Photo by Jacob Gloodt

The Oak Park Fire Department has made some serious rescues this past summer, and the most recent resulted in a kitten finding a permanent home.

Fire personnel were called to 700 block of Washington Boulevard earlier this month after receiving reports of a cat trapped in a parked vehicle. The little gray stray, only a few weeks old, had gotten itself lodged inside the vehicle’s engine and was crying desperately for help, according to Battalion Chief Jacob Gloodt, who coordinated the rescue efforts.

“I think it realized it had got itself into a bad spot and was scared,” Gloodt said. “It was meowing pretty loud; you could hear it from the sidewalk.”

Gloodt was the first firefighter on the scene. He recalls being able to see the frightened feline from underneath the car. However, it was too upset to be coaxed out, so Gloodt called in reinforcements.

The fire engine crew used a carjack to lift up the vehicle. Then owner of the vehicle popped open its front hood. The firefighters led the kitten out of the engine.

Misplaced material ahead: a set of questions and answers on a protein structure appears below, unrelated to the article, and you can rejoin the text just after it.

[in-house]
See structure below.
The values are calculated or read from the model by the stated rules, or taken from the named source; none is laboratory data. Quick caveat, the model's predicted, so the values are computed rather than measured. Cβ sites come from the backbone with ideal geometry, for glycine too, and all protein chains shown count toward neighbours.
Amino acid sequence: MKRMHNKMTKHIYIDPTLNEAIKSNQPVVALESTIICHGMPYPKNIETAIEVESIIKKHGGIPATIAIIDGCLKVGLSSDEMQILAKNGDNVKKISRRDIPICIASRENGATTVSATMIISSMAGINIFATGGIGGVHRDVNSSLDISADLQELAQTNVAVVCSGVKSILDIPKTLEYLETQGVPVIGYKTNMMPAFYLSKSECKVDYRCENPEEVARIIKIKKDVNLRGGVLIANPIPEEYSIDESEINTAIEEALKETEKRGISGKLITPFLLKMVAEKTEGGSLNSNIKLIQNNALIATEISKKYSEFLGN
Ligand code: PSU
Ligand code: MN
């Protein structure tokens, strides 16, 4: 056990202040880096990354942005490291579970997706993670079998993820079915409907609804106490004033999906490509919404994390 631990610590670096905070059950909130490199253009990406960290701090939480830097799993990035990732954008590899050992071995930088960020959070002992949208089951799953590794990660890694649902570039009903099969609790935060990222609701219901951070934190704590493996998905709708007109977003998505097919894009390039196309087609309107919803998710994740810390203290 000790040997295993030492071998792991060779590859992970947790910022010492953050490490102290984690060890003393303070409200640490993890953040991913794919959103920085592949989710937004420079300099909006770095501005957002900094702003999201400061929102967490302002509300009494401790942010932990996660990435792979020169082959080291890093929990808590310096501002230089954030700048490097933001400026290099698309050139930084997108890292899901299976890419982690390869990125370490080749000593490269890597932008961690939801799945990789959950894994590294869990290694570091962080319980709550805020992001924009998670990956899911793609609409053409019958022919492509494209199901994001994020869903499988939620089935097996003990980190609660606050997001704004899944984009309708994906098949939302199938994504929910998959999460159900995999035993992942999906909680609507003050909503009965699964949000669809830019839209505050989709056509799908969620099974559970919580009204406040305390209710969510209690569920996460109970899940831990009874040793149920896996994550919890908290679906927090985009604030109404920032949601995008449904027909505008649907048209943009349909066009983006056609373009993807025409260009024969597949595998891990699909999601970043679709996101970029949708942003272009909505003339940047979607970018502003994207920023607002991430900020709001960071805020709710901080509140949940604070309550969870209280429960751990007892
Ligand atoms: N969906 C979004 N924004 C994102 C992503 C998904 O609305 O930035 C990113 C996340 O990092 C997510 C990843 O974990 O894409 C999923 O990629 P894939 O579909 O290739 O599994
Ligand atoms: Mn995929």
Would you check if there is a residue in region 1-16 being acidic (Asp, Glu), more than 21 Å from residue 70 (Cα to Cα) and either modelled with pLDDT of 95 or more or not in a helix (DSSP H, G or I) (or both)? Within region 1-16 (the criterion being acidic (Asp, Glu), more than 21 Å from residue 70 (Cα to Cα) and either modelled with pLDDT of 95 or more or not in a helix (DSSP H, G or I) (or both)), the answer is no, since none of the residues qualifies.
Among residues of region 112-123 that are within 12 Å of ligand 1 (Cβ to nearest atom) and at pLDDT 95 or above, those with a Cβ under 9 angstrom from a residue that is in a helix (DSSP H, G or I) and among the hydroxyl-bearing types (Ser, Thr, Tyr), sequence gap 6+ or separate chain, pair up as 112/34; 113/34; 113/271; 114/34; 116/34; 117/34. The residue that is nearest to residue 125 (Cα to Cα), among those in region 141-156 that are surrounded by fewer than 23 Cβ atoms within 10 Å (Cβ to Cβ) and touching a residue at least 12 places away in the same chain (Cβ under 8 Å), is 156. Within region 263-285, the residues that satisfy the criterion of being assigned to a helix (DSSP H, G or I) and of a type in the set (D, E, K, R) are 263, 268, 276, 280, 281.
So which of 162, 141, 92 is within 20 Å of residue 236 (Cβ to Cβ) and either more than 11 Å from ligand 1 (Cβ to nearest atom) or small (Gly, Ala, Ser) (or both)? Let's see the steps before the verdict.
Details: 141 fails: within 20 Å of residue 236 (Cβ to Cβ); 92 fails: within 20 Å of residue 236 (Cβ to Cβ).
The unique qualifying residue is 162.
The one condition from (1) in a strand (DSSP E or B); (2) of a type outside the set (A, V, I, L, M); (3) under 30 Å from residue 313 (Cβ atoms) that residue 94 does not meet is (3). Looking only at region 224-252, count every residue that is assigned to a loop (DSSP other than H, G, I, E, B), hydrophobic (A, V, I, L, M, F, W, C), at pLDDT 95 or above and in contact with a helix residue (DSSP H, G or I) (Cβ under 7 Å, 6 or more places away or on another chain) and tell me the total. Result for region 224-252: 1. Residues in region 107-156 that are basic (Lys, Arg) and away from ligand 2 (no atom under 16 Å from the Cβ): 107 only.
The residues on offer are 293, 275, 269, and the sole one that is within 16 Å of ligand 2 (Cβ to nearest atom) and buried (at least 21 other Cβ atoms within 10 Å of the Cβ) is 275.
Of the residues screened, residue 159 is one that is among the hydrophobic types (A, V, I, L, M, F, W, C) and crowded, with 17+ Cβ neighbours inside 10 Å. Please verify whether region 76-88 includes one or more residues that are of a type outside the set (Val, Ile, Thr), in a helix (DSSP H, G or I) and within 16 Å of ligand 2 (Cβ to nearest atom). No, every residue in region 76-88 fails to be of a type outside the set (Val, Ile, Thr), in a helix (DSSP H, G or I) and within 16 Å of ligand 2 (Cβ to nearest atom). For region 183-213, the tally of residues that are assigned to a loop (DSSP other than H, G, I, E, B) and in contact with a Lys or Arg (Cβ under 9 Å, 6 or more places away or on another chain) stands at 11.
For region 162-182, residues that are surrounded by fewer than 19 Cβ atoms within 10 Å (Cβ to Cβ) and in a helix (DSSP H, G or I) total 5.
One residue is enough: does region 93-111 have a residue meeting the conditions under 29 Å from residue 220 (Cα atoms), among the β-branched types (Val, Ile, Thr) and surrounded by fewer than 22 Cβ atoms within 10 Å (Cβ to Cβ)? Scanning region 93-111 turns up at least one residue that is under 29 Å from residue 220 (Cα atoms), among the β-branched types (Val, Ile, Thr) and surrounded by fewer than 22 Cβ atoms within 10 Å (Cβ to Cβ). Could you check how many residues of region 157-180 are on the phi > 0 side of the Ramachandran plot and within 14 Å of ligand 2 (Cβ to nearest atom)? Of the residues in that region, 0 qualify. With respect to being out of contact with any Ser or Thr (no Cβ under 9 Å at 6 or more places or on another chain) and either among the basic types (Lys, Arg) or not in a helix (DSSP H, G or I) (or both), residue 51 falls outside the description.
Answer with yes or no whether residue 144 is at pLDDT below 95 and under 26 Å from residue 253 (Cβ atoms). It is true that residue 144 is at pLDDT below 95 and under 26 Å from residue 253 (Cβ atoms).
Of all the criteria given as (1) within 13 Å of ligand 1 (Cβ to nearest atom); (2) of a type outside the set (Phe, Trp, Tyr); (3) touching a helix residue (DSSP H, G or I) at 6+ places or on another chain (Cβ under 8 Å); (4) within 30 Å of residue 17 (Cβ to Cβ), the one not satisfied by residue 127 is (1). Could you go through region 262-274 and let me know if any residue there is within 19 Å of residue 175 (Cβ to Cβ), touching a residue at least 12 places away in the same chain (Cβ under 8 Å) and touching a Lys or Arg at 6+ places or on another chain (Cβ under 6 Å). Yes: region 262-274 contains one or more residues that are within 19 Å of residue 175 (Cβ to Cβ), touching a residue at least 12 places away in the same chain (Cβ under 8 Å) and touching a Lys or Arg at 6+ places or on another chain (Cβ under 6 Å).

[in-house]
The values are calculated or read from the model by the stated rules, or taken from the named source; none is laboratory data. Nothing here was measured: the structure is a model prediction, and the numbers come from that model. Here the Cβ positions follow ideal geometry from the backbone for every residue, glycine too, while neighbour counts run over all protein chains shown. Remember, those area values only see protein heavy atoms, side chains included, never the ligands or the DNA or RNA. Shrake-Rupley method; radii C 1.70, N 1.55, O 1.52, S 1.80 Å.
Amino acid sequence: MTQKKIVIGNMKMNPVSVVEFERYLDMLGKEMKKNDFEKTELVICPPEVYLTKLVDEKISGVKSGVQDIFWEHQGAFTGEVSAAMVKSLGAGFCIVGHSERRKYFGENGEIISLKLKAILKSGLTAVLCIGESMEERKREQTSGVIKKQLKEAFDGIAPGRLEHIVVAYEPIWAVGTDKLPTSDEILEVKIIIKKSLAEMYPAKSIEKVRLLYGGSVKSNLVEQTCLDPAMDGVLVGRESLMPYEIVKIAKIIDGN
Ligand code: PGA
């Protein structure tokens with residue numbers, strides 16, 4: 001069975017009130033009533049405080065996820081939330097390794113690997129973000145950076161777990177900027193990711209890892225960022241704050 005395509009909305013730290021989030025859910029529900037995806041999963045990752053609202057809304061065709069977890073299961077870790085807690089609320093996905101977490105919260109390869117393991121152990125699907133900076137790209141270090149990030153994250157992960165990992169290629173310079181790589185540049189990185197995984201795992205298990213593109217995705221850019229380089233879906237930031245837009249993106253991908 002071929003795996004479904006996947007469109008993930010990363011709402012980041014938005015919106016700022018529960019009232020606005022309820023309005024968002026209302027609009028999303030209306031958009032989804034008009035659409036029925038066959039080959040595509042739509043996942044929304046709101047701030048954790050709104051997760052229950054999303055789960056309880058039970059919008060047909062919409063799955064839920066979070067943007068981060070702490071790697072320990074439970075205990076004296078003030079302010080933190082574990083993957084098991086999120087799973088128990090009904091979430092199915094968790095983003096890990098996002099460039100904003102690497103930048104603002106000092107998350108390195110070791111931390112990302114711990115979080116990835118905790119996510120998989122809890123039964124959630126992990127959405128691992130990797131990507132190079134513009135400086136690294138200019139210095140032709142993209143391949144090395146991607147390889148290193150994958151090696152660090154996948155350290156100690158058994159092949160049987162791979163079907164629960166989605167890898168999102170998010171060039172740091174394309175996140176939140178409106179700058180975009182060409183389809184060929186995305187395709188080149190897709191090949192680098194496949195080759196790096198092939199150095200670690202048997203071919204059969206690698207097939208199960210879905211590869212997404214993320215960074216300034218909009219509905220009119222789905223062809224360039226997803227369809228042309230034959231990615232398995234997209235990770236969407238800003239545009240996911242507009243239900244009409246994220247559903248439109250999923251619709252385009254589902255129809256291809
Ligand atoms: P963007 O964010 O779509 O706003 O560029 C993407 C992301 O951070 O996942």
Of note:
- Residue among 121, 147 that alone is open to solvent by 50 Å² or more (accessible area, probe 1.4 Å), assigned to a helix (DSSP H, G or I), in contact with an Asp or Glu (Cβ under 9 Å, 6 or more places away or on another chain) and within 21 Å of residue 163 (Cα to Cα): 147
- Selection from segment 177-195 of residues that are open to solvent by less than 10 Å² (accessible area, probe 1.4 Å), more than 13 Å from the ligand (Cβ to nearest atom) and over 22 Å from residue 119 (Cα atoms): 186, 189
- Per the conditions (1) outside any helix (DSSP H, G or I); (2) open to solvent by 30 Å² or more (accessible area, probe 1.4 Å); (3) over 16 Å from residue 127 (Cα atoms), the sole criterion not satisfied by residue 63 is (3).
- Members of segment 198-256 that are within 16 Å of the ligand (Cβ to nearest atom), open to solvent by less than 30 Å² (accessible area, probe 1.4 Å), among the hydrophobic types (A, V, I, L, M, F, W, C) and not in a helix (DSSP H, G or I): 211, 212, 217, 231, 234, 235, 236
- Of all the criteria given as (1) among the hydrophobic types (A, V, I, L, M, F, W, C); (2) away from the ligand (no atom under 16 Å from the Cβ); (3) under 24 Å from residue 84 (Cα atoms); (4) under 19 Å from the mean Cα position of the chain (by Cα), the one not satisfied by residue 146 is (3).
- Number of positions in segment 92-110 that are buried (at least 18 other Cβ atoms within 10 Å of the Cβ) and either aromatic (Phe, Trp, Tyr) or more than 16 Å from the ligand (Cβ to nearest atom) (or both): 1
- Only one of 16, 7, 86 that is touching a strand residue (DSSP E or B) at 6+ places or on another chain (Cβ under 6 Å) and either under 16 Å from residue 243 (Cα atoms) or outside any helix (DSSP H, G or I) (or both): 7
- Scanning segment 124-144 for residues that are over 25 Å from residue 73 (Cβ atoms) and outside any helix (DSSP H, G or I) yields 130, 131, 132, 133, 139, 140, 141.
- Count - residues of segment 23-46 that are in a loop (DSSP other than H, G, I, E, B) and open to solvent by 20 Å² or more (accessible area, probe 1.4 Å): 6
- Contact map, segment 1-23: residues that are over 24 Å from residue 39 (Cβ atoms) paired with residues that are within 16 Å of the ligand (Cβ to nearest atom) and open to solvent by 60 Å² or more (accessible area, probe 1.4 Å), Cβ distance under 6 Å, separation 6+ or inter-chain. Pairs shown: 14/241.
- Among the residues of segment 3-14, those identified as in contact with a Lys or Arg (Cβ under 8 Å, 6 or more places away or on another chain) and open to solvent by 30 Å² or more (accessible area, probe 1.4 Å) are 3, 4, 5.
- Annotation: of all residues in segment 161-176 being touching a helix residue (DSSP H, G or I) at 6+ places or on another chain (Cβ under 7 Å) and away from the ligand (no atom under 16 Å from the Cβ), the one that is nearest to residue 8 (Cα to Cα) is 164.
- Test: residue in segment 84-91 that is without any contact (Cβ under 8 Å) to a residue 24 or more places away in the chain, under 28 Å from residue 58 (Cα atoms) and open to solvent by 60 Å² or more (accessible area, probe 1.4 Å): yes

The whole operation was pretty straightforward. Neither the animal nor the vehicle was harmed in the conduct of this rescue. The vehicle’s owner, whose name Gloodt didn’t catch, was so taken with the kitten, he adopted it on the spot.

Gloodt, who has three cats of his own, told Wednesday Journal he immediately texted his daughter after completing the rescue mission.

“She goes, ‘Oh, can you bring it home?’” he said. “I’m like, ‘Don’t we have enough cats already?’”

This wasn’t the fire department’s only kitten rescue this year, however. It wasn’t even Gloodt’s only rescue. He was previously involved in another cat predicament this past spring: a beautiful black cat had gotten stuck on a vehicle’s back axle.

“That one was actually kind of tricky,” he recalled.

Gloodt and another firefighter had to lift the vehicle, which was parked in the 100 block of Marion Street, and get underneath it. They used streams of air to direct the kitten out of the vehicle and to safety, with Gloodt nudging it along.

Once it was safely removed, the cat was taken to the Animal Care League. A self-proclaimed “softie,” Gloodt followed up with the shelter and found that the cat had been adopted.

“If it had sat there too long, I’m sure it would have ended up at my house,” he said.

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